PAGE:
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Lawrence Sports is a company involved in manufacturing and distribution of sporting goods. Recently, the company has been facing problems that require careful evaluation. One of the major problems is the cash flow problem. The outstanding interest burden and loans facing the company has increased to unimaginable level. Usually, when faced with a deficit situation, the firm borrows money from banks in order to cover the deficit. This in the long run strains the company’s business partners and stakeholders. In order for Lawrence Sports to survive in this competitive environment it needs a better plan for the management of its cash flow. This plan should provide adequate cash inflow enough to pay the firm’s outstanding debt and ensure adequate working capital to keep the company in operation.
According to Emery, Finnerty and Stowe in their book ‘Corporate Financial Management’, adequate and readily available cash is essential for a company’s survival, therefore, efficient cash management is important to avoid bankruptcy. Lawrence Sports is facing a problem involving its working capital needs (Corporate Financial Management, 2007 p.738). The company’s borrowing capacity has been capped at $1.2 million by its bank. The company has already reached this limit and therefore, it cannot borrow more money from the bank. Another problem leading to the crisis in the company’s working capital is because 80% of its sale revenue comes from a single customer. This makes the company to have little negotiation power with the customer. According to Puxty, Dodds and Wilson in their book ‘Financial Management: Methods and Meaning’ many companies expect customers to pay for goods and services offered on account within the agreed credit terms. However, this is not always the case (Puxty, Dodds & Wilson, 2003 p.112).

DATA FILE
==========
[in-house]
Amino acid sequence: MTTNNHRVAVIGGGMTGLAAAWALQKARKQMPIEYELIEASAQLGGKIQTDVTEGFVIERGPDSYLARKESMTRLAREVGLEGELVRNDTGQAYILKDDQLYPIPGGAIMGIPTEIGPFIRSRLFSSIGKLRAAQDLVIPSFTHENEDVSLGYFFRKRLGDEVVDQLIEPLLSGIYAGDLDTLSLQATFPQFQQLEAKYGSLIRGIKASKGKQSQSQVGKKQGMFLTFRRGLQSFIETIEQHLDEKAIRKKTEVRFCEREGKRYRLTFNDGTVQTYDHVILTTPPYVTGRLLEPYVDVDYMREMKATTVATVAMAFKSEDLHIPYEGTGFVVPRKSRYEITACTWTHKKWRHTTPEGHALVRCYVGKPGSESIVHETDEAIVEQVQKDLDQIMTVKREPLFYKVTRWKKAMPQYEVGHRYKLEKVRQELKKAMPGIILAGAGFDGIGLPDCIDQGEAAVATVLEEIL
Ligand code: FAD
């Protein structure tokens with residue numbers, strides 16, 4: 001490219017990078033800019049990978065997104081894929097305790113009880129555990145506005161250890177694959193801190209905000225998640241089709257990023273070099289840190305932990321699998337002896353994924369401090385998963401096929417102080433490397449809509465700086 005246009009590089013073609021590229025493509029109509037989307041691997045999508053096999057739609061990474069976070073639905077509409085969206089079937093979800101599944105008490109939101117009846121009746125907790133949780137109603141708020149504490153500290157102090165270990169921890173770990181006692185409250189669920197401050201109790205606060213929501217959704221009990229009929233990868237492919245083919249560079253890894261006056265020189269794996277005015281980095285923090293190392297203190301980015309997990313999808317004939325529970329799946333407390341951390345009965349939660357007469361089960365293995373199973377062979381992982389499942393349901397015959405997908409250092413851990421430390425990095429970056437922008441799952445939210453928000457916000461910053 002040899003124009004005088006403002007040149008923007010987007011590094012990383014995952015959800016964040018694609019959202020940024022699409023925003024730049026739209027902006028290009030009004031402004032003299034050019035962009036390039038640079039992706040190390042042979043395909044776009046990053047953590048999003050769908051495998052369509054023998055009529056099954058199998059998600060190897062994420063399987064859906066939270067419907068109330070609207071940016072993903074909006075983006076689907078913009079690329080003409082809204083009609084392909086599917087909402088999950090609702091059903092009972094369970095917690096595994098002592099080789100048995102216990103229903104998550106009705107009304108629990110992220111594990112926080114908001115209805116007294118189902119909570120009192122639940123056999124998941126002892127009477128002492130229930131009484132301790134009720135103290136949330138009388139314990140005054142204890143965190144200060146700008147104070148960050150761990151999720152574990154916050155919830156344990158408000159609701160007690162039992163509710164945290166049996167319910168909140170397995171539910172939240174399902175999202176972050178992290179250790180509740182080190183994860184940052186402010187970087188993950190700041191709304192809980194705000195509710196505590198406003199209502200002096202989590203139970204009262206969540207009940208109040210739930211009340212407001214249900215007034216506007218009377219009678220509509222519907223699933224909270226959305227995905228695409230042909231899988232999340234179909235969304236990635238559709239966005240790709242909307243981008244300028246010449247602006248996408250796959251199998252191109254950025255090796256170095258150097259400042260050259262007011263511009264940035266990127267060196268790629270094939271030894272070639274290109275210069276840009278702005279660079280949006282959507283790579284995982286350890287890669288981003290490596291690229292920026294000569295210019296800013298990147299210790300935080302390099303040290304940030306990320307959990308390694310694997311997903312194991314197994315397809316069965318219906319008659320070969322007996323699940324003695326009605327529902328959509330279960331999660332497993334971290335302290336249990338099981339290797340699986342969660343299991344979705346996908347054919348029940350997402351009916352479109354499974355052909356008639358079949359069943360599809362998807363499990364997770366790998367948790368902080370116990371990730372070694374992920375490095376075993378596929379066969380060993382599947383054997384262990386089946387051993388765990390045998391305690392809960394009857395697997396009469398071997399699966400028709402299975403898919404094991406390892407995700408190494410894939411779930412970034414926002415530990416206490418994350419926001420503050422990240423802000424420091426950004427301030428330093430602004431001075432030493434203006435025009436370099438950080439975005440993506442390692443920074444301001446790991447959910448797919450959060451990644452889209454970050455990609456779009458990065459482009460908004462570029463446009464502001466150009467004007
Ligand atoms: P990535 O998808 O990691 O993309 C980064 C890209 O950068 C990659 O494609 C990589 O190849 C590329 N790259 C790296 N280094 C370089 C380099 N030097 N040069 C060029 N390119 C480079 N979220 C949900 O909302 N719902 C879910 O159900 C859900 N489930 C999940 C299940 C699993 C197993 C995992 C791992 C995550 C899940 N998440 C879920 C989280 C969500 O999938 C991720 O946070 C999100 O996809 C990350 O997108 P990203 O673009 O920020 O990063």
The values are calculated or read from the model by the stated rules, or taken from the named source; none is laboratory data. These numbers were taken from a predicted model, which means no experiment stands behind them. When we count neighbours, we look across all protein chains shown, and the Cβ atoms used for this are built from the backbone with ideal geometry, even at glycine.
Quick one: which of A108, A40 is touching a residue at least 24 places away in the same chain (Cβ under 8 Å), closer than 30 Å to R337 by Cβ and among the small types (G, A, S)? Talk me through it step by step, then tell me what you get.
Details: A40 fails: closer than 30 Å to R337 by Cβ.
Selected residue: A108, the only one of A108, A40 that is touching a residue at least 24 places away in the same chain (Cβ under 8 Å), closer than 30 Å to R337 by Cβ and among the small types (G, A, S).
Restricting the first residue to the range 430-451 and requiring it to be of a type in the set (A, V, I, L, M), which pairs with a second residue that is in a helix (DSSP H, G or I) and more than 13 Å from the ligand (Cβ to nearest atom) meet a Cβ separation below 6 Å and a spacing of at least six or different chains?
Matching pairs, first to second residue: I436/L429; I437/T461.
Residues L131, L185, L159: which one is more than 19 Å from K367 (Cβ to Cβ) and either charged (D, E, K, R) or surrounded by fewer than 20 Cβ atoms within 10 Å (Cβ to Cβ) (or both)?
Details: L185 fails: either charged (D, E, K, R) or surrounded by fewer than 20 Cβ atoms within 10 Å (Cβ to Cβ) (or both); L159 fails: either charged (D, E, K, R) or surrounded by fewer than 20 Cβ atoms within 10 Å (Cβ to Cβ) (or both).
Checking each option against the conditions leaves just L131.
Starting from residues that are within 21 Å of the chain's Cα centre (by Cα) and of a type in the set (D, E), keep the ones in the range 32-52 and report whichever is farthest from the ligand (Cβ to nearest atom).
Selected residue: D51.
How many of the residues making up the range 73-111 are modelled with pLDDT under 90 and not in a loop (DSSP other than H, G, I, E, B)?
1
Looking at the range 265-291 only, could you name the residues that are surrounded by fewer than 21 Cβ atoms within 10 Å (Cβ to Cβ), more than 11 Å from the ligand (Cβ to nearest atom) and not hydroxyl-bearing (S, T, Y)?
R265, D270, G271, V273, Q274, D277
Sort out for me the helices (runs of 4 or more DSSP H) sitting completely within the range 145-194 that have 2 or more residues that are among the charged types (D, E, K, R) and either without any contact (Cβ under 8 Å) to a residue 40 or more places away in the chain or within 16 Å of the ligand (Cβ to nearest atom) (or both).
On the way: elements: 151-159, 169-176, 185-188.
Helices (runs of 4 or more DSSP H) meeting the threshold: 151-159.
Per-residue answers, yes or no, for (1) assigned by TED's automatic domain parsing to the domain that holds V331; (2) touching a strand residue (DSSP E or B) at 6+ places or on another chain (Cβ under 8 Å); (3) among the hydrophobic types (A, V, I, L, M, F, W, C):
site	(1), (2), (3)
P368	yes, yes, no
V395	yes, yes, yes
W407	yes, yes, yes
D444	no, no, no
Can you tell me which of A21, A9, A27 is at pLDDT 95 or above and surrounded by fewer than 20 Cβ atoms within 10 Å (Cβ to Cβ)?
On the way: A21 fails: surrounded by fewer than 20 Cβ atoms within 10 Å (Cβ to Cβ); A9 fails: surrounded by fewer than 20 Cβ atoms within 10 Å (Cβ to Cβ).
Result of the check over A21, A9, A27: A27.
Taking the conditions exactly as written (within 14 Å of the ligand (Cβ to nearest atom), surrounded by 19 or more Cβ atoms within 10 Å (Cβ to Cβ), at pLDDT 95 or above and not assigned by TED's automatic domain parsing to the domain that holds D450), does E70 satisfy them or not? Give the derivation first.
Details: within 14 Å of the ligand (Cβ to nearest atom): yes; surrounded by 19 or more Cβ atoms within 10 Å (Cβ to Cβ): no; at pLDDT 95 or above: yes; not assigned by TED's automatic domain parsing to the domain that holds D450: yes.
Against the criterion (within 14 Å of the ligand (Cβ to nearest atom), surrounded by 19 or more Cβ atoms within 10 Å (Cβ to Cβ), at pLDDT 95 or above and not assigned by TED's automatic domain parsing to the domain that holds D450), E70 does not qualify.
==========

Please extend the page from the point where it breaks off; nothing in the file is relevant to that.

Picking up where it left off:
A firm’s conversion cycle is the average time lapse between the purchase and receipt of cash from accounts payable (Puxty, Dodds & Wilson, 2003 p.123). Lawrence Sports has a line of credit with its bank. However, the increasing interest rate associated with the line of credit decreases the company’s appeal of using this method as a source of finance. Lawrence Sports mainly uses its working capital to pay its venders and to meet its operating costs. This working capital is highly subsidized by the credit line. In order to curb the shortage of its working capital, the company purchases raw materials from various companies on credit. This enables the company to order products which will be paid for at a later date. Thus, though there is a shortage of working capital, the company continues enjoying an inflow of raw materials .This method of curbing shortages of working capital leads to an increase in debt, therefore, it is important for the company to seek other methods of short-term financing.
Currently, in order for Lawrence Sports to maximize revenue it is using an aggressive Current Asset Financing Policy. In so doing, the company takes short-term debts from a line of credit with its bank. However, this method of financing is sometimes not successful since the short-term debt is not sufficient to meet the company’s finance requirement especially where no revenue is accrued. This puts the company’s line of credit with suppliers in jeopardy.